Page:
• 1 small red bell pepper thinly sliced
  • 1 small red onion thinly sliced
  • ¼ cup Castelvetrano olives pitted and thinly sliced
  • ½ cup goat cheese or almond ricotta optional

Instructions 

  • Preheat the oven to 425°F on convection mode (or 450°F on regular mode) with the rack in the middle position, and place a large sheet of parchment on a clean, flat surface.
  • Spread the bulk sausage on the parchment, and use your hands to form the meat into a rectangle.
  • Place another piece of parchment on top of your sausage rectangle, and use your hands to evenly press down on the sausage between the two sheets of parchment paper. Then, use a rolling pin to uniformly flatten the sausage until it’s about ¼-inch thick, making sure it’s not too wide or long to fit on a half-sheet (18-inch x 13-inch) rimmed baking pan.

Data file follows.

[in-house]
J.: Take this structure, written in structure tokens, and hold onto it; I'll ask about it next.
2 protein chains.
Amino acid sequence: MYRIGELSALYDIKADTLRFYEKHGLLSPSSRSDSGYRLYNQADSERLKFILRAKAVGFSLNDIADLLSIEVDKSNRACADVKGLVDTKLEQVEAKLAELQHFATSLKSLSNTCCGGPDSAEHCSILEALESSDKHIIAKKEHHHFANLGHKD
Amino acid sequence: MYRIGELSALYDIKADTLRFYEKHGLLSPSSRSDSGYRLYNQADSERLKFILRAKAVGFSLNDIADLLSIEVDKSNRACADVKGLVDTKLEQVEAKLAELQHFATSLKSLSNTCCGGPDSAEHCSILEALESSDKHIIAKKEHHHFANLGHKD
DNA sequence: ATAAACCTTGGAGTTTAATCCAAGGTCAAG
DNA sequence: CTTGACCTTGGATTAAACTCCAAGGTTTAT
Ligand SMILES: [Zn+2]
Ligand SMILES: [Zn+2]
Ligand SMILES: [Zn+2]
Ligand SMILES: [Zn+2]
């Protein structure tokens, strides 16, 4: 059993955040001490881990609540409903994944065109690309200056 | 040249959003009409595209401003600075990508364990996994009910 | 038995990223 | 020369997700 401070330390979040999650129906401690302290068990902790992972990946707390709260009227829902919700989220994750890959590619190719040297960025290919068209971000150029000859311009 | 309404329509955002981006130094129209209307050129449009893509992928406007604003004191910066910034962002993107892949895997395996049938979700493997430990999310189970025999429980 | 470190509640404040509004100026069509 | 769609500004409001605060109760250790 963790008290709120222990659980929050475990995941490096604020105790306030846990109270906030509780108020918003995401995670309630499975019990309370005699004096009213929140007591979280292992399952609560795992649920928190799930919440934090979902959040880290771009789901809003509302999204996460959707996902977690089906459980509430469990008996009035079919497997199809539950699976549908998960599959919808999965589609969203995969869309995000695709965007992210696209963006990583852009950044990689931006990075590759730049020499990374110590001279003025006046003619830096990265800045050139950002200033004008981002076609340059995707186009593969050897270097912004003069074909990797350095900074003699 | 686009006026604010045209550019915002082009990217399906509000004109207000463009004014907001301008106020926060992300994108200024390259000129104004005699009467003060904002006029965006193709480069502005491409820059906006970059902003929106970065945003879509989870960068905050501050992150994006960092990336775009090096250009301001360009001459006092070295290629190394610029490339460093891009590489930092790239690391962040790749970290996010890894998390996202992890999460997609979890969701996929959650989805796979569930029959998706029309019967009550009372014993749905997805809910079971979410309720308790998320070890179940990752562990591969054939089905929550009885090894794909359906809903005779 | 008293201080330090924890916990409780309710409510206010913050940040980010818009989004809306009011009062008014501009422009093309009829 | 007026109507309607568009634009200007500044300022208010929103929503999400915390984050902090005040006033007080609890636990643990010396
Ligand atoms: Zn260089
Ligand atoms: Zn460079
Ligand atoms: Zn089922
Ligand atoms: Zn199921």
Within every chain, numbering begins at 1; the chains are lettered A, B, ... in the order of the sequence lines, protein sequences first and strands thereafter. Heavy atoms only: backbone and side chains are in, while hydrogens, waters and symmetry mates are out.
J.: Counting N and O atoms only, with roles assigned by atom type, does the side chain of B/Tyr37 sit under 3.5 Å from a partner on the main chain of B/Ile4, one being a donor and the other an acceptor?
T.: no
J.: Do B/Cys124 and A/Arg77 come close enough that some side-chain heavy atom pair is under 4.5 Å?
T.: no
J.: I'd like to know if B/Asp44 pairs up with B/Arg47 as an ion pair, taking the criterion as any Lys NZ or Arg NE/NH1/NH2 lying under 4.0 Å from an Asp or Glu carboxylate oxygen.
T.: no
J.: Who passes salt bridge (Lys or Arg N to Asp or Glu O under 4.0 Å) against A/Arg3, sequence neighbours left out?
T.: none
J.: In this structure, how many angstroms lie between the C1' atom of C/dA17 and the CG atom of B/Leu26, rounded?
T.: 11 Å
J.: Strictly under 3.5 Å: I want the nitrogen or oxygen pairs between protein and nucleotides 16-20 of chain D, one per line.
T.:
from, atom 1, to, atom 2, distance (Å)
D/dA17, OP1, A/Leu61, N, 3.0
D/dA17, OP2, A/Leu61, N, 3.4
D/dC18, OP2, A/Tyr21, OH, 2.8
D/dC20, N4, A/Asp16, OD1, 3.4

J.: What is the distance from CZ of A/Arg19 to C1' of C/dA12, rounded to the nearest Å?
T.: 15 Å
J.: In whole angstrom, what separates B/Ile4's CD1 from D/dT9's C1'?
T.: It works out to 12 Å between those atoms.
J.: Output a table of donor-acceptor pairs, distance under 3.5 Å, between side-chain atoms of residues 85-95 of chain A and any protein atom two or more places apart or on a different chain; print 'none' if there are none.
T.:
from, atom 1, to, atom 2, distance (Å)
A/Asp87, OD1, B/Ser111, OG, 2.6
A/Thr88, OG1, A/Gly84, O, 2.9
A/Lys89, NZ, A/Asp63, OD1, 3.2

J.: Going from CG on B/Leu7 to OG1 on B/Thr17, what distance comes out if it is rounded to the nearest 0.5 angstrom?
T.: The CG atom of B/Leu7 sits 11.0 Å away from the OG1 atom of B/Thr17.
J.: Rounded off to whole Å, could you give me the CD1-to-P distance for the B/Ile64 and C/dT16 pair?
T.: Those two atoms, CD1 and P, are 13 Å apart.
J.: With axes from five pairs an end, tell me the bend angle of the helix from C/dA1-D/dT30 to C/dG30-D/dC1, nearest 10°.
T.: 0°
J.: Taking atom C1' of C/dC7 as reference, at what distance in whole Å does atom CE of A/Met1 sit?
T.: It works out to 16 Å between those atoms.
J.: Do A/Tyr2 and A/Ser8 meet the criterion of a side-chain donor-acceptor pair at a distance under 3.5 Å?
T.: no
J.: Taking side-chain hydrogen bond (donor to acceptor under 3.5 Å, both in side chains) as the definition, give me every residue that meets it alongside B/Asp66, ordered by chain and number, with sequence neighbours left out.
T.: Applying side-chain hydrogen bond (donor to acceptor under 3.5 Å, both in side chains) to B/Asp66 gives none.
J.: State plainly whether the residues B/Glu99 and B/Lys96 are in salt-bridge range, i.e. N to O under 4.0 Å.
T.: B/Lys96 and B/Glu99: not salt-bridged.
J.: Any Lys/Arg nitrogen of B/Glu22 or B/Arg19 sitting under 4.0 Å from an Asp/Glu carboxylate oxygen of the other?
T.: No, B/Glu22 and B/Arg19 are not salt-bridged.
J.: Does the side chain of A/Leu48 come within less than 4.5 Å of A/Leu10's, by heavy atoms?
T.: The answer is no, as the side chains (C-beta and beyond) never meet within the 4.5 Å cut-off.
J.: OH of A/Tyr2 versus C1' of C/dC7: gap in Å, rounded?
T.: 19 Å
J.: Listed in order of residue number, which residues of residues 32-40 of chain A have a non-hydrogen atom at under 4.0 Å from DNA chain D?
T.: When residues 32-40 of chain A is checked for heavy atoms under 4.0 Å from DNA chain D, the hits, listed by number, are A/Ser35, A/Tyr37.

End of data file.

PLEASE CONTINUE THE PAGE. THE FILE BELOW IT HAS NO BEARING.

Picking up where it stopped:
• Peel off the top layer of parchment and transfer the flattened crust (with the sheet of parchment underneath) to a rimmed baking sheet.
  • Pop the baking sheet in the hot oven and bake until cooked through, about 10 minutes, rotating the tray around at the halfway point. The crust should be cooked through with some browning at the edges. Remove the pan from the oven.
  • At this point, you may notice a lot of accumulated sausage juice. Blot the crust well with paper towels. Then, carefully transfer the crust to a clean piece of parchment. Discard the old parchment paper, and wipe away any spilled meat juices from the rimmed baking sheet. Transfer the meat crust (with the parchment) back onto the baking sheet.
  • Now, it’s time to go crazy with the toppings: Slather a layer of marinara sauce on the meatza crust, and add your favorite toppings. Me? I like thinly sliced mushrooms, bell peppers, red onion slices, and olives. Add cheese if desired. I prefer dairy-free cheese or goat cheese (because I don’t do well with cow’s milk cheeses), so I’ll sometimes dollop on some chevre or almond milk ricotta.